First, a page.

By far the funniest moment in Adore, Anne Fontaine’s farcically po-faced, cross-Oedipal ménage-à-quatre drama, follows Roz (Robin Wright) and Lil’s (Naomi Watts) discovery that each woman has slept with the other’s son. “What have we done?” asks Roz, like one of those scientists in B-movies who learn that their work has enabled the villain to create an Earth-obliterating nuclear device. A long, pensive silence. “We’ve crossed a line“, comes Lil’s thuddingly sincere reply. I could fill an entire review with zingers like these – it has more than Airplane! – but that would be too easy. Nevertheless, to suggest that Adore has worse dialogue than an airport paperback would be not only an insult to bad literature, but also trees and airports.
The film begins with Roz and Lil as little girls, frolicking in the ocean near their home in coastal Australia. A turgid transition shot glides around Roz’s head to reveal a now-middle-aged Naomi Watts at the grave of her husband, and both women with young sons. Another twelve years pass when the boys go out surfing and crash beneath the waves, rising for air as men in their twenties (Roz and Lil, on the other hand, haven’t aged a day). Lil’s son Ian (Xavier Samuel) reveals his attraction to Roz after a dinner party, and they sleep together unaware of her son Tom (James Frenchville) as witness. Naturally, he goes off to bonk Lil the very next day. From here two intensely passionate affairs emerge, or at least they would if Fontaine’s evocation of intense passion weren’t inspired by a bilious potpourri of Agony Aunt columns and frumpy, bourgeoise novellas.
There’s an interesting, if blunt suggestion at the film’s start that these affairs mask a latent homoeroticism; as the women laugh off an accusation from workmates of being secret lovers (“we’re not lezzos!”, screeches Watts), the feeling lingers that Roz and Lil are really fucking each other’s offspring as a way of fucking each other, a taboo that would likely see them ostracized by a hermetic, small-minded coastal community. Their friendship weathers this revelation to become stronger, only deepening the suspicion that each woman is only searching for a deeper way in to the other – in fact, a birds-eye view of the foursome lounging out on a timber raft could survive any number of rearrangements. But this idea isn’t so much underdeveloped as it is leant against a wall and promptly shot by Christopher Hampton’s inane screenplay, whose oh-so-French lilt throws up every other taboo it can think of with little sensitivity, and a late-in-the-day lurch toward incest confirmed only that he and Fontaine were performing a cowardly dance around their core subject of repressed lesbianism and the poisonous effect that denial can have on relationships.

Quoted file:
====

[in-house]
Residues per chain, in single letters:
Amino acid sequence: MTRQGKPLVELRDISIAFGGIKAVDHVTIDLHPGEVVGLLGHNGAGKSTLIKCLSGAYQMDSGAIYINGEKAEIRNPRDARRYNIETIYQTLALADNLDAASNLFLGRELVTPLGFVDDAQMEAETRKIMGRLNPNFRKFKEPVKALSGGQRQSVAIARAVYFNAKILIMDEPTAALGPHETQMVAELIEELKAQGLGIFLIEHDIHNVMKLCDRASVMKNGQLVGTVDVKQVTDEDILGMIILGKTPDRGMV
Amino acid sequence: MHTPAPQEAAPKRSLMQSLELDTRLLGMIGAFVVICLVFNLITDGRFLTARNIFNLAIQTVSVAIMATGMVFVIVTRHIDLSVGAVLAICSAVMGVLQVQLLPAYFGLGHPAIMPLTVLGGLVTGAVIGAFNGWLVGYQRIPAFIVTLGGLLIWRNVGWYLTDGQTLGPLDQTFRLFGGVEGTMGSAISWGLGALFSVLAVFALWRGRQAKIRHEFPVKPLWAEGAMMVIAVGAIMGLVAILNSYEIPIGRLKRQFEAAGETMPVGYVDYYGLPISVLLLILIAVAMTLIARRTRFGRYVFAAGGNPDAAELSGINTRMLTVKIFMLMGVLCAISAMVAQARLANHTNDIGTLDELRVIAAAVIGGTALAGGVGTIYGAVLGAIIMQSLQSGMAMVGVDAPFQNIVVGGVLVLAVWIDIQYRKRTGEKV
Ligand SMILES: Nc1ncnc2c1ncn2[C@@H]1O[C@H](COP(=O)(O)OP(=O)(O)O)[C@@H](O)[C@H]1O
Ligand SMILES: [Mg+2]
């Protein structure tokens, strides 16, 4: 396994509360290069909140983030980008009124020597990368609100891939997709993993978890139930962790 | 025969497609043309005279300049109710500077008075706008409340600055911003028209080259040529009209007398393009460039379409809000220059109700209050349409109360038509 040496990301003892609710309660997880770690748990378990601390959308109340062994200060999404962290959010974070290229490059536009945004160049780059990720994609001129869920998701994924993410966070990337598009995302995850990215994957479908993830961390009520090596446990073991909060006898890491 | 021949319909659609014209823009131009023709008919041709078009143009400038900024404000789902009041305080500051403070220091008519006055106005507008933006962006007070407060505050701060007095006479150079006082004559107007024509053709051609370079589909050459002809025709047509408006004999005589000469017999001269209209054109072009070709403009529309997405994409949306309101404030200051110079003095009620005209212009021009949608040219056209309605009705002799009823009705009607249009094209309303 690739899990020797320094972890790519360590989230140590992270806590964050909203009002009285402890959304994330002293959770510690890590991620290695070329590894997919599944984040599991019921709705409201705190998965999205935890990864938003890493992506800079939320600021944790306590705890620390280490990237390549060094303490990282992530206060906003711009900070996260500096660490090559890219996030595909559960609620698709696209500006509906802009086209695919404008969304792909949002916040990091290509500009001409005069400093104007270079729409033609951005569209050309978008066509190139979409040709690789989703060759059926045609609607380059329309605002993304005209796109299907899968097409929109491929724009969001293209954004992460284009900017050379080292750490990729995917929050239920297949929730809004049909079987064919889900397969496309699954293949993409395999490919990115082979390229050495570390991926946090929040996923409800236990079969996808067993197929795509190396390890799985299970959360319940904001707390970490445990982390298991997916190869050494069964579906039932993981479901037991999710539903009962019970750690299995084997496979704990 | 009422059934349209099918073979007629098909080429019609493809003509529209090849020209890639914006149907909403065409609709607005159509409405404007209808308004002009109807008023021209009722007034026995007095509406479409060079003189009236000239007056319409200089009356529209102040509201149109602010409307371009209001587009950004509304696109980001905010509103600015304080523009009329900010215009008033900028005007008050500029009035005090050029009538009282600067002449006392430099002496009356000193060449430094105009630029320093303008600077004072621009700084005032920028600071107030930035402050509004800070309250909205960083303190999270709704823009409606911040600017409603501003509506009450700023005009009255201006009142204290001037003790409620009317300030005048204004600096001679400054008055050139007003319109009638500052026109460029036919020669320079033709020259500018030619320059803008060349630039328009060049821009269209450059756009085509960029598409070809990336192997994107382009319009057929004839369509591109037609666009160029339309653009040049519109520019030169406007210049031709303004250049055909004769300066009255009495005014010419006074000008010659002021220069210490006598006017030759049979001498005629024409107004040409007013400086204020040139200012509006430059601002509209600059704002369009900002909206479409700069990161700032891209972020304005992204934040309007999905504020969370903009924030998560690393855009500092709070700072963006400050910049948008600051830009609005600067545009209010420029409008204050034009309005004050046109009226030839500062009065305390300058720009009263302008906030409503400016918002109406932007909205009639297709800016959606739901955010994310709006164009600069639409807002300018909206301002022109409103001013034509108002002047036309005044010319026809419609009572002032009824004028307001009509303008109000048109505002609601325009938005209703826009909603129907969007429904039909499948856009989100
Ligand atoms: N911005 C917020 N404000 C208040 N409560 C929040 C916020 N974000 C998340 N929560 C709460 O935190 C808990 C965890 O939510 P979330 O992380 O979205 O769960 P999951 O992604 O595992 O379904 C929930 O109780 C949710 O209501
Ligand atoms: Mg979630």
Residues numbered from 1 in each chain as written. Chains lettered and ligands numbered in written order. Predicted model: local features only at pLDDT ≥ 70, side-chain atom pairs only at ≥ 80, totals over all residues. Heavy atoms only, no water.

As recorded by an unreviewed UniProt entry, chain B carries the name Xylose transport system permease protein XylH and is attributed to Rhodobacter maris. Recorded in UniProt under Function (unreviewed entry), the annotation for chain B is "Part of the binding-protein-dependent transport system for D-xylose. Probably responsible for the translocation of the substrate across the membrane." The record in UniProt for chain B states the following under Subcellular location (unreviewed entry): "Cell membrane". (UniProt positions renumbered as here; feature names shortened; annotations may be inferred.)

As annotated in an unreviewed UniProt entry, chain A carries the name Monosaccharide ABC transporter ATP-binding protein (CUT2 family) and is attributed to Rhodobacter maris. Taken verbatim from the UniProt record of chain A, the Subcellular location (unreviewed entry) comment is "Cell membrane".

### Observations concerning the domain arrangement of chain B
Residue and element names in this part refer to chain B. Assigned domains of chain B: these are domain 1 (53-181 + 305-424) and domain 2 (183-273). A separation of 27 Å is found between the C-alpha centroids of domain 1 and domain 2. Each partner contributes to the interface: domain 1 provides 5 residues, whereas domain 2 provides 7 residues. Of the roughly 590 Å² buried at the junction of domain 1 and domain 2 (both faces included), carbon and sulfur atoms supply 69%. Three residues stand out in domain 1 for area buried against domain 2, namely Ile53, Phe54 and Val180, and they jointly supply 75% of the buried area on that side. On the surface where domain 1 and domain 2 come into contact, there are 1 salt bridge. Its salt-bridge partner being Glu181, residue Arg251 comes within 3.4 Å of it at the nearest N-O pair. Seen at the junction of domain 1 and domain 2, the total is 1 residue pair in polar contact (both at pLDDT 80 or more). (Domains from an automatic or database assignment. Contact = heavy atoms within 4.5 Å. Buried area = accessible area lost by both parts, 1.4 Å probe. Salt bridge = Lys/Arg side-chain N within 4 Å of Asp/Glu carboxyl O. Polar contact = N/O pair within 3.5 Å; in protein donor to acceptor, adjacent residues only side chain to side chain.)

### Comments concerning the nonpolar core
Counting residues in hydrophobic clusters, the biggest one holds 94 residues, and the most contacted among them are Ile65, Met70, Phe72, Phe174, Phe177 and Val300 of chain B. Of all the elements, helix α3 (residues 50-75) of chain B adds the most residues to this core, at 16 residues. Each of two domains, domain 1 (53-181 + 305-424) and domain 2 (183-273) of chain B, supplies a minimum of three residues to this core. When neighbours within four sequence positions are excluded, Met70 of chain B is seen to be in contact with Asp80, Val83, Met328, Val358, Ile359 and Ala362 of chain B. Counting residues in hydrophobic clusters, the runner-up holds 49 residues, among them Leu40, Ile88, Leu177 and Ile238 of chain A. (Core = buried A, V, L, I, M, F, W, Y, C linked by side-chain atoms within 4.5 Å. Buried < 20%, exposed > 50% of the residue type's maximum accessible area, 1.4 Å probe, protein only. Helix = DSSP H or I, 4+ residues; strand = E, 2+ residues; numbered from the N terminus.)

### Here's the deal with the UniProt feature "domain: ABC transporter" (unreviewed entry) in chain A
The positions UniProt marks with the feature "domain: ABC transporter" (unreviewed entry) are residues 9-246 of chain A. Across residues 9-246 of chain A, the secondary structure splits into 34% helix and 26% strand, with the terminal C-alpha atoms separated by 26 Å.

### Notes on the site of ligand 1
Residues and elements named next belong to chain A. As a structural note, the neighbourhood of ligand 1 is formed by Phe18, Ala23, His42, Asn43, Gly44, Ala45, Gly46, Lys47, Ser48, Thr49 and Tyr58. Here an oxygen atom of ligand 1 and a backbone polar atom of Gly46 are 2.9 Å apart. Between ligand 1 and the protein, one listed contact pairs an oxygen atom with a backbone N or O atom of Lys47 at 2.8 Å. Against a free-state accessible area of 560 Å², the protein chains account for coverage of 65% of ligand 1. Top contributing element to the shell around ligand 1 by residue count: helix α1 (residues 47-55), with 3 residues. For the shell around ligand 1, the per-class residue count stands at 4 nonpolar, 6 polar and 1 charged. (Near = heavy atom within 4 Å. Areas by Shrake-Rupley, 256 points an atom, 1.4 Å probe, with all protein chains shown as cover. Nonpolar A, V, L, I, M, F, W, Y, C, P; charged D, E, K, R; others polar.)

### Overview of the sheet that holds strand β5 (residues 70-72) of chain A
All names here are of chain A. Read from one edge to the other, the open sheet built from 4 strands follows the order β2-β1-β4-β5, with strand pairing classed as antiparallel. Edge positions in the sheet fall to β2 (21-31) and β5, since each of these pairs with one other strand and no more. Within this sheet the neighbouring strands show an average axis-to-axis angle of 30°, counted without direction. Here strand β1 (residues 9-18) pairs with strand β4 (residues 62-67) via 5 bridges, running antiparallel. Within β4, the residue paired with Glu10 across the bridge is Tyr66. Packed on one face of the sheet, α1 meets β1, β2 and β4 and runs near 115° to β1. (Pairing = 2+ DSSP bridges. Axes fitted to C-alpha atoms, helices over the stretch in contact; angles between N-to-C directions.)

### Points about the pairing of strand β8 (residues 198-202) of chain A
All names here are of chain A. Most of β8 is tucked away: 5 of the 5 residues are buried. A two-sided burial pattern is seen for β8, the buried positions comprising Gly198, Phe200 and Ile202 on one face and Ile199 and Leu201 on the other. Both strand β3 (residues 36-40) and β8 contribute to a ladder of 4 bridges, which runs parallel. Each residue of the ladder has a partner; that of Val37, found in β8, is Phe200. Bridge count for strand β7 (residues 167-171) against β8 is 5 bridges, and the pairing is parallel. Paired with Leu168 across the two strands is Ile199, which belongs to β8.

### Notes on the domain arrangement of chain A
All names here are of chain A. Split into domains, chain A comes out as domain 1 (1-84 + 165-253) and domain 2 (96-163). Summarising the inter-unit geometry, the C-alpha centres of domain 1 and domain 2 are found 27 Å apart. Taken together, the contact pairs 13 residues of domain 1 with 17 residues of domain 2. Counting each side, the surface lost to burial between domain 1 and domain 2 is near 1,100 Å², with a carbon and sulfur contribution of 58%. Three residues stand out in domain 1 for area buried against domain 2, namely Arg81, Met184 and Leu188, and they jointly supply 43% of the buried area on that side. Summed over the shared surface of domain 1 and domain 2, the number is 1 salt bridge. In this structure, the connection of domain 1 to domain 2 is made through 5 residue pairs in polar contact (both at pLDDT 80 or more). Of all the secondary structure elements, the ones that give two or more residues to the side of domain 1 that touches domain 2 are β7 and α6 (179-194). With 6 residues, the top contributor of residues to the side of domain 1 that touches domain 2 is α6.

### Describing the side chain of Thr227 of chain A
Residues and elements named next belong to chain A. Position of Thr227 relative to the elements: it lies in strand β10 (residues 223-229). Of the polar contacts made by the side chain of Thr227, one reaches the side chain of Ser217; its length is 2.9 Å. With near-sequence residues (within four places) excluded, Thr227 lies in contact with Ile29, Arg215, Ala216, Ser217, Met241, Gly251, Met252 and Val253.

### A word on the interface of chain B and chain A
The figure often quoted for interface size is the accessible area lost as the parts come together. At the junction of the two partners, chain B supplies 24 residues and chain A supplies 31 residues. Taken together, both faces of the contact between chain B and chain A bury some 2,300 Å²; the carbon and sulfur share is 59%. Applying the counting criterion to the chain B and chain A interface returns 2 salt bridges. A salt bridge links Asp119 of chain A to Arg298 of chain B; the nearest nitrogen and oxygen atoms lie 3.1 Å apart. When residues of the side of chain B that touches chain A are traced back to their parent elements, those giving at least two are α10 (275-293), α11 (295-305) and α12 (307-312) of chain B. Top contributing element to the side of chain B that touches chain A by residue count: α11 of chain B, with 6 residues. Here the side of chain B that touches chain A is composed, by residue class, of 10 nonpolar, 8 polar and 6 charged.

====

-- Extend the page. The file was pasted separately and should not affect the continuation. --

The development of Adore’s synchronized sexual pas de deux between mothers and sons, which later expands to involve the boy’s new girlfriends, also frustrates, leaving nothing to the imagination and signposting every revelation several scenes before they happen, often in a gale-force wind of clumsy exposition and hyper-literal psychology (which also extends to the portentous framing, especially a two-shot which foregrounds Robin Wright against Watts wailing on the edge of a bed, obviously beckoning towards Bergman’s Persona). In one scene, watching their sons catching waves, Lil declares, “They look like young Gods“, single-handedly spelling out the film’s thesis and dramatic arc from this point.
Its increasingly prevalent discourse on age is also an irrelevant folly in the face of two gleaming Hollywood stars – when a close-up of Watts staring into the mirror is meant to reflect the dissatisfaction she has with her looks, and the worry that Tom will become turned off by her wrinkles, we can only laugh at the sheer inanity of this soap opera burlesque featuring one of the most beautiful women in the world. As it stacks up on contrivances the film’s laughs come thicker (much thicker) and faster, with a six-way argument at its end (“I’m leaving!”; “Go on then!”) coming off like a wonky misstep between Neighbors and some wicked Buñuelian manners-of-the-bourgeoise satire. One couldn’t have made a better parody if they’d tried, I thought, and Fontaine would do well to admit her arrant lack of effort as premeditated to ward off seemingly justified claims of incompetence. Merde.
Director: Anne Fontaine
Stars: Naomi Watts, Robin Wright, Xavier Samuel
Runtime: 100 min
Country: Australia, France